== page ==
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Tough inequality challenge

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Opalg

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Feb 7, 2012
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In a recent challenge thread, anemone asked for a proof that $1-x + x^4 - x^9 + x^{16} - x^{25} + x^{36} > 0$. When I graphed that function, I noticed that in fact it is never less than $\frac12$. If you add more terms to the series, this becomes even more apparent:

Screenshot 2020-06-04 at 14.40.26.png

So the challenge is to prove that\(\displaystyle \sum_{r=0}^{2n}(-1)^rx^{r^2} = 1-x + x^4 - x^9 + x^{16} -\ldots + x^{(2n)^2} > \frac12\) for all $x$ such that $0<x<1$ (outside that interval the result is obvious anyway).
 
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Opalg

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Feb 7, 2012
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Opalg

MHB Oldtimer
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Feb 7, 2012
2,680
For $0<x<1$ the infinite series \(\displaystyle \sum_{r=0}^\infty (-1)^rx^{r^2}\) is convergent. It is an alternating series, where the terms alternate in sign and decrease in absolute value. It has the property that the partial sums are alternately greater than, and less than, the sum of the whole series.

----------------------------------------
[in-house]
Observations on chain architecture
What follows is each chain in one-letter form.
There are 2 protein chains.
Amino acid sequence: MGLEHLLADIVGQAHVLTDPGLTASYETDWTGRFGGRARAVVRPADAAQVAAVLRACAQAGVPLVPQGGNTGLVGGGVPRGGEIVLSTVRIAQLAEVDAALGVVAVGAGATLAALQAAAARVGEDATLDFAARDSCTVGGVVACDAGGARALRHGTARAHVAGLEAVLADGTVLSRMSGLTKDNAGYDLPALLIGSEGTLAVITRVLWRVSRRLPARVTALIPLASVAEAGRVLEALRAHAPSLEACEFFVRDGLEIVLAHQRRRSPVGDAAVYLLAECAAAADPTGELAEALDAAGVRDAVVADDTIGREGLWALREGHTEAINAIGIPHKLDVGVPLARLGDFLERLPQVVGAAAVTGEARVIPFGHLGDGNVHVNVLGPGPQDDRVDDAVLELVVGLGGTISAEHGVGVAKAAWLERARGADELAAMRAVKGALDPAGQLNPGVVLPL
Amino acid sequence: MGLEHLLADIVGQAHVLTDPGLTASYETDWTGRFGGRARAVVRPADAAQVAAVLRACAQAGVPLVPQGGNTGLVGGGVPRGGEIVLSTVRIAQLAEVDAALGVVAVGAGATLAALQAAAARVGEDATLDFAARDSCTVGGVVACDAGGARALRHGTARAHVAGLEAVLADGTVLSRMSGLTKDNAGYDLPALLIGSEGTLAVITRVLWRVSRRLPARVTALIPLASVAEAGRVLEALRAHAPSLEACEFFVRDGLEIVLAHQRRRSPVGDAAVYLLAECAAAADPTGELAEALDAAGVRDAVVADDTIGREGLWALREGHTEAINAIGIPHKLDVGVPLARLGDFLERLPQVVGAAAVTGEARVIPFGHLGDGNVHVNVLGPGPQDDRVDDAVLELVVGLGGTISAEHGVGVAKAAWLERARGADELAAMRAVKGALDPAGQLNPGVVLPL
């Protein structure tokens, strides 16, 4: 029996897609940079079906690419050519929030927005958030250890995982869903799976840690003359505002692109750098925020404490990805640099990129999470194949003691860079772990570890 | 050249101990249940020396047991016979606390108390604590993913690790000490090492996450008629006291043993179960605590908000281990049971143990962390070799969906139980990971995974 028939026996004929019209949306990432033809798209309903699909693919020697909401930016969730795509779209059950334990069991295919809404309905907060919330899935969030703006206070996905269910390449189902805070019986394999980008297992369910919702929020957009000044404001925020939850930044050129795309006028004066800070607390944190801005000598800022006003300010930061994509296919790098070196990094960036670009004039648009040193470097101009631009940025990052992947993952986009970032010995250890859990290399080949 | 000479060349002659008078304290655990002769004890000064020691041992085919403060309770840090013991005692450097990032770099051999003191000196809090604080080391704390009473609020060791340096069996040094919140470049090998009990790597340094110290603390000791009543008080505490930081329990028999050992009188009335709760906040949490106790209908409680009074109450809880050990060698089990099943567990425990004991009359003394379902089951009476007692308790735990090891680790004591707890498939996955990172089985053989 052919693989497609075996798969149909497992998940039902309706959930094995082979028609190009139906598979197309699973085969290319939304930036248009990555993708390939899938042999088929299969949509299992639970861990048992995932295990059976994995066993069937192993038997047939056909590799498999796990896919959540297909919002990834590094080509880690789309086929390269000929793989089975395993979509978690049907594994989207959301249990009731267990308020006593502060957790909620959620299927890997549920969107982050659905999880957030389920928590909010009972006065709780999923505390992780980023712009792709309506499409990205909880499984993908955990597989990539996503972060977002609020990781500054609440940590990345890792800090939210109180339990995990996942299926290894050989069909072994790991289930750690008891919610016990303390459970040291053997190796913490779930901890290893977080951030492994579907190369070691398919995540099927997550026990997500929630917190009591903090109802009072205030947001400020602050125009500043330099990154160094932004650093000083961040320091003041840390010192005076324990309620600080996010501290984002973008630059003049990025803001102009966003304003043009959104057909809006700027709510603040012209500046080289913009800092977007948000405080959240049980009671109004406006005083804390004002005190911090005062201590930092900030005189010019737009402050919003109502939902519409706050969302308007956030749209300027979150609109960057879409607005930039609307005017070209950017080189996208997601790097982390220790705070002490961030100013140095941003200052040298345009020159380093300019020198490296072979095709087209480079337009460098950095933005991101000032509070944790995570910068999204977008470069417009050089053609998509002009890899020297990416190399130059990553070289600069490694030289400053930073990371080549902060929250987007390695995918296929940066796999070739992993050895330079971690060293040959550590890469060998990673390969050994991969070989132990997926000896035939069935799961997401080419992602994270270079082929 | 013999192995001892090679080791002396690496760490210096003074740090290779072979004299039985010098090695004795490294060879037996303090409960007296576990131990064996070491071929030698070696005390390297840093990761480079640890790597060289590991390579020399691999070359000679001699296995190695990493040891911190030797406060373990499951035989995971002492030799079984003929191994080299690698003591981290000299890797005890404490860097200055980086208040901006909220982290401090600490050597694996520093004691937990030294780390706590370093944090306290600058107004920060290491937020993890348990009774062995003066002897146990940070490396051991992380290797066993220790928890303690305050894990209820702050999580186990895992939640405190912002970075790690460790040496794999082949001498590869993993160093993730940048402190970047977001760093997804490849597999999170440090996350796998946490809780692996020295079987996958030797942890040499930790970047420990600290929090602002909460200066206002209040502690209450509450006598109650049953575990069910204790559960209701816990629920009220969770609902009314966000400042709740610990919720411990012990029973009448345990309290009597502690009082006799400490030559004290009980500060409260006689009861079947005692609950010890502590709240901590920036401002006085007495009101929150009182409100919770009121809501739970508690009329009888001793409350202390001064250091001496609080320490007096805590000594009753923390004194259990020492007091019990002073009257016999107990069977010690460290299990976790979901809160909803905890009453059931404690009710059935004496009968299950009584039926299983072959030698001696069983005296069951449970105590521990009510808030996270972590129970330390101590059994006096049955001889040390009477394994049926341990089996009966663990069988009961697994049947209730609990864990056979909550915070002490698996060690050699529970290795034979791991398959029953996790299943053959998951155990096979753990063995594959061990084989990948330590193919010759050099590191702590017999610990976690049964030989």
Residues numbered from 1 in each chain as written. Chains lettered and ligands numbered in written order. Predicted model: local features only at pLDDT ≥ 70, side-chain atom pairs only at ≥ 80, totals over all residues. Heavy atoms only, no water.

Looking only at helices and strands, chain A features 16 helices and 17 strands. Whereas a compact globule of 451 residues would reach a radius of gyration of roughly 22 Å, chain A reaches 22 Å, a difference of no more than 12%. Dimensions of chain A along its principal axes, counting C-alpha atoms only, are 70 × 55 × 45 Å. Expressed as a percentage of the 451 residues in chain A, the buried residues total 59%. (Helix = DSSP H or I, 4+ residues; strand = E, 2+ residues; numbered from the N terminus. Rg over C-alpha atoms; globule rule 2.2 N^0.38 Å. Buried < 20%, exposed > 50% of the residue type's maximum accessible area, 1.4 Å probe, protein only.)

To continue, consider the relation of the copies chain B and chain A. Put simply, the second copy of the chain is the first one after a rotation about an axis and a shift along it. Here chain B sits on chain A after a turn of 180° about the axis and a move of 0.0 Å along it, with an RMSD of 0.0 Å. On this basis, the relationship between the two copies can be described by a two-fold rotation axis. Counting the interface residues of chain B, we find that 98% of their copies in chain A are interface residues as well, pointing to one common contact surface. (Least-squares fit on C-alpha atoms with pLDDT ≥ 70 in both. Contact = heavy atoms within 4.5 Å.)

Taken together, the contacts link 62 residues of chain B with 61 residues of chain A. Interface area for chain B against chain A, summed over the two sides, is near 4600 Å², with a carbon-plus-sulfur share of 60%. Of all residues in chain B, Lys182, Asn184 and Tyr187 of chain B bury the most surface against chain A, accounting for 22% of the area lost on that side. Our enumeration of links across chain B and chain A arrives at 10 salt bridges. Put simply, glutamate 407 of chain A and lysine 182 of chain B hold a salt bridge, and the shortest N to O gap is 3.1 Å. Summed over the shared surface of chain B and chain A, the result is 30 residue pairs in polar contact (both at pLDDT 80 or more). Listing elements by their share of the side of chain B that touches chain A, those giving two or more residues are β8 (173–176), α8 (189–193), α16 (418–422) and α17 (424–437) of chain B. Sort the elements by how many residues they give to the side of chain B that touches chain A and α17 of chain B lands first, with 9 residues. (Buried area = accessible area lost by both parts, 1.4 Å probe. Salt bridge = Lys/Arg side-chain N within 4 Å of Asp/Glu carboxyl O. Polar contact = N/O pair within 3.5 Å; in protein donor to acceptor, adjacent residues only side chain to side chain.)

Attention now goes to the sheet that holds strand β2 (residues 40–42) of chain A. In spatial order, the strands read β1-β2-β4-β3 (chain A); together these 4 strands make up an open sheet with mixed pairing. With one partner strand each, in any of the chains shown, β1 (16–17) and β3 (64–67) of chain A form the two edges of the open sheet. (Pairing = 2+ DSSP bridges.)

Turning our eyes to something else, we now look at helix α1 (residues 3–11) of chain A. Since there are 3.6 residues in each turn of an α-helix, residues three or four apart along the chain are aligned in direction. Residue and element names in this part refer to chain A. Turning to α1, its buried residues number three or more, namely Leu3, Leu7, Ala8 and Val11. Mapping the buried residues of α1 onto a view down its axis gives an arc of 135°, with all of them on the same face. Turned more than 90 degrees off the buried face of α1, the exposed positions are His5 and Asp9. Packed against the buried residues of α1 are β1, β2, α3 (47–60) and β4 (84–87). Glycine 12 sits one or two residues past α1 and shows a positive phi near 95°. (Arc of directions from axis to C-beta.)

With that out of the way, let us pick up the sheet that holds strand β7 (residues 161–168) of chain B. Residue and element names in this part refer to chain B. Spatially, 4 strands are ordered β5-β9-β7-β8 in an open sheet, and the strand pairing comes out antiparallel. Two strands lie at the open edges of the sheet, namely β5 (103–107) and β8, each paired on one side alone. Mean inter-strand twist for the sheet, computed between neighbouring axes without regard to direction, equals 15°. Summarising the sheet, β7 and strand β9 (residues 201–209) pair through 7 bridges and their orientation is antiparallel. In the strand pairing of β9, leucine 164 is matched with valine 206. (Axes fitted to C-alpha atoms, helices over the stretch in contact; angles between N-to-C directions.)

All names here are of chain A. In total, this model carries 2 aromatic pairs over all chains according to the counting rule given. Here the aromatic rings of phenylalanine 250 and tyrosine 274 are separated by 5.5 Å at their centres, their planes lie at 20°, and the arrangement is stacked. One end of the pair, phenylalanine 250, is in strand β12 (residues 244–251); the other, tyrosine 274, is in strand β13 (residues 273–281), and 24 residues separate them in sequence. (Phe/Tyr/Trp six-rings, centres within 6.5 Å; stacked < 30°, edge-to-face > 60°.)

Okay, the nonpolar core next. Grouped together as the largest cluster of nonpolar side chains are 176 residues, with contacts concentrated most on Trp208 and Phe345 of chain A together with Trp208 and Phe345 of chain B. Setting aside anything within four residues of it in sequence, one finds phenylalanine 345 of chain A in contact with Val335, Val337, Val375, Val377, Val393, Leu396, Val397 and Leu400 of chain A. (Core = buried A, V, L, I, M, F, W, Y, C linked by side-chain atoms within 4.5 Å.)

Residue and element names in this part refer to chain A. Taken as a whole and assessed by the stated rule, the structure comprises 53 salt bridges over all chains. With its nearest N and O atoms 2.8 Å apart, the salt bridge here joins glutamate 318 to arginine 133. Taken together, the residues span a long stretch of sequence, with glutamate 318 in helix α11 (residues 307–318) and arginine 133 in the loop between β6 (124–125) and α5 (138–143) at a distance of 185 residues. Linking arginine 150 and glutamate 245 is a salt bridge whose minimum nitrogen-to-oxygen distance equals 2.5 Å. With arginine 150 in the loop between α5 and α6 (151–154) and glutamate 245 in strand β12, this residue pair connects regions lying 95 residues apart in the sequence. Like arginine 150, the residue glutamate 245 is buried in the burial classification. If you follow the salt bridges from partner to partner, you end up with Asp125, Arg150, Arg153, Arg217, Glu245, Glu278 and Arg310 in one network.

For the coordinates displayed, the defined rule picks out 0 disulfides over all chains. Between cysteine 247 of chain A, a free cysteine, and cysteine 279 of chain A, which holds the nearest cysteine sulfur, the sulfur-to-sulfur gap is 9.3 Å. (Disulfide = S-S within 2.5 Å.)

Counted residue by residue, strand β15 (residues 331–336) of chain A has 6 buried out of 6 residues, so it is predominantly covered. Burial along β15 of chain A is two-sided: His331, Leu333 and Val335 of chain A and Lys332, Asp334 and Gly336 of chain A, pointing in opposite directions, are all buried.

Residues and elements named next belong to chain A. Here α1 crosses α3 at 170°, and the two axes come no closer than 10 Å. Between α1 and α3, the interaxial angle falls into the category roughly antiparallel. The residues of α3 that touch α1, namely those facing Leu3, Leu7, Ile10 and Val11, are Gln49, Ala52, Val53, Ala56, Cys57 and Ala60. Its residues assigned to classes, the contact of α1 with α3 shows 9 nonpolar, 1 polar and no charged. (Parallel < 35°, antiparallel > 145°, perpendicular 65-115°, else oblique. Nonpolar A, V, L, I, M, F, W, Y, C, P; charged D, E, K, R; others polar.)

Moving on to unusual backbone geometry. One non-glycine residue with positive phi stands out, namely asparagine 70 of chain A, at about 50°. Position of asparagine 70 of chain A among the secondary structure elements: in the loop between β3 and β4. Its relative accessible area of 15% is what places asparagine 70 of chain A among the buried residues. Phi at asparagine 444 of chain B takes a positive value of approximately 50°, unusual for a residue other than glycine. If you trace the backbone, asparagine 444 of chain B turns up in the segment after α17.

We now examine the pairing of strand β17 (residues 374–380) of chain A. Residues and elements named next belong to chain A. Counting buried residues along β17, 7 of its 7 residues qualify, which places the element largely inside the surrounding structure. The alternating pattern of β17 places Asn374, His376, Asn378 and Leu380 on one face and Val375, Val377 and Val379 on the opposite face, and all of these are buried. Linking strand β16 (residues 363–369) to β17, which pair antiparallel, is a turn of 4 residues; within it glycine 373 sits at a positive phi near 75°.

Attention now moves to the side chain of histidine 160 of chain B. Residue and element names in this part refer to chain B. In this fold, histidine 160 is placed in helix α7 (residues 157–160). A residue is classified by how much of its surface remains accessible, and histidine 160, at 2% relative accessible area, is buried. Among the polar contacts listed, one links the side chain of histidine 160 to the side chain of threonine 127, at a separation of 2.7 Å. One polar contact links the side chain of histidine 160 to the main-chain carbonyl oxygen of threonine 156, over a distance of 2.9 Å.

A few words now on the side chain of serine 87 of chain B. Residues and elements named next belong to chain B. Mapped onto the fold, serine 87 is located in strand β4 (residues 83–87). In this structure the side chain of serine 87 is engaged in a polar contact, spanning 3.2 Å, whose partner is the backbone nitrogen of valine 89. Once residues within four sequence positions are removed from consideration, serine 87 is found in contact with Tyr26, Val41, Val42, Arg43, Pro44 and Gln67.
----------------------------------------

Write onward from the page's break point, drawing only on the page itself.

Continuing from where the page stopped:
Let \(\displaystyle S = \sum_{r=0}^\infty (-1)^rx^{r^2}\), and for $n\geqslant 1$ let \(\displaystyle S_n = \sum_{r=0}^n (-1)^rx^{r^2}\). Then $S_{2n-1}<S<S_{2n}$. So to prove that $S_{2n} > \frac12$ it will be sufficient to show that $S\geqslant\frac12$.

To investigate $S$, use the Jacobi triple product, which says that $$\sum_{n=-\infty}^\infty x^{n^2}y^{2n} = \prod_{m=1}^\infty (1-x^{2m})(1+x^{2m-1}y^2)\left(1+\frac{x^{2m-1}}{y^2}\right)$$ for complex numbers $x,y$ with $|x|<1$ and $y\ne0$. For $0<x<1$ and $y=i$ that gives $$\sum_{n=-\infty}^\infty(-1)^n x^{n^2} = \prod_{m=1}^\infty (1-x^{2m})\bigl(1-(-1)^nx^{2m-1}\bigr)^2.$$ Each factor in that product is positive, so the infinite product must be positive or zero. Therefore \(\displaystyle \sum_{n=-\infty}^\infty(-1)^n x^{n^2} \geqslant 0.\) But $$\sum_{n=-\infty}^\infty(-1)^n x^{n^2} = \sum_{n=-\infty}^0(-1)^n x^{n^2} + \sum_{n=0}^\infty(-1)^n x^{n^2} - 1$$ (the $-1$ coming from the fact that otherwise the $n=0$ term would be counted twice). Also, $(-1)^n x^{n^2}$ is the same for $-n$ as it is for $+n$. Therefore $2S-1\geqslant0$, so that $S\geqslant\frac12$, as required.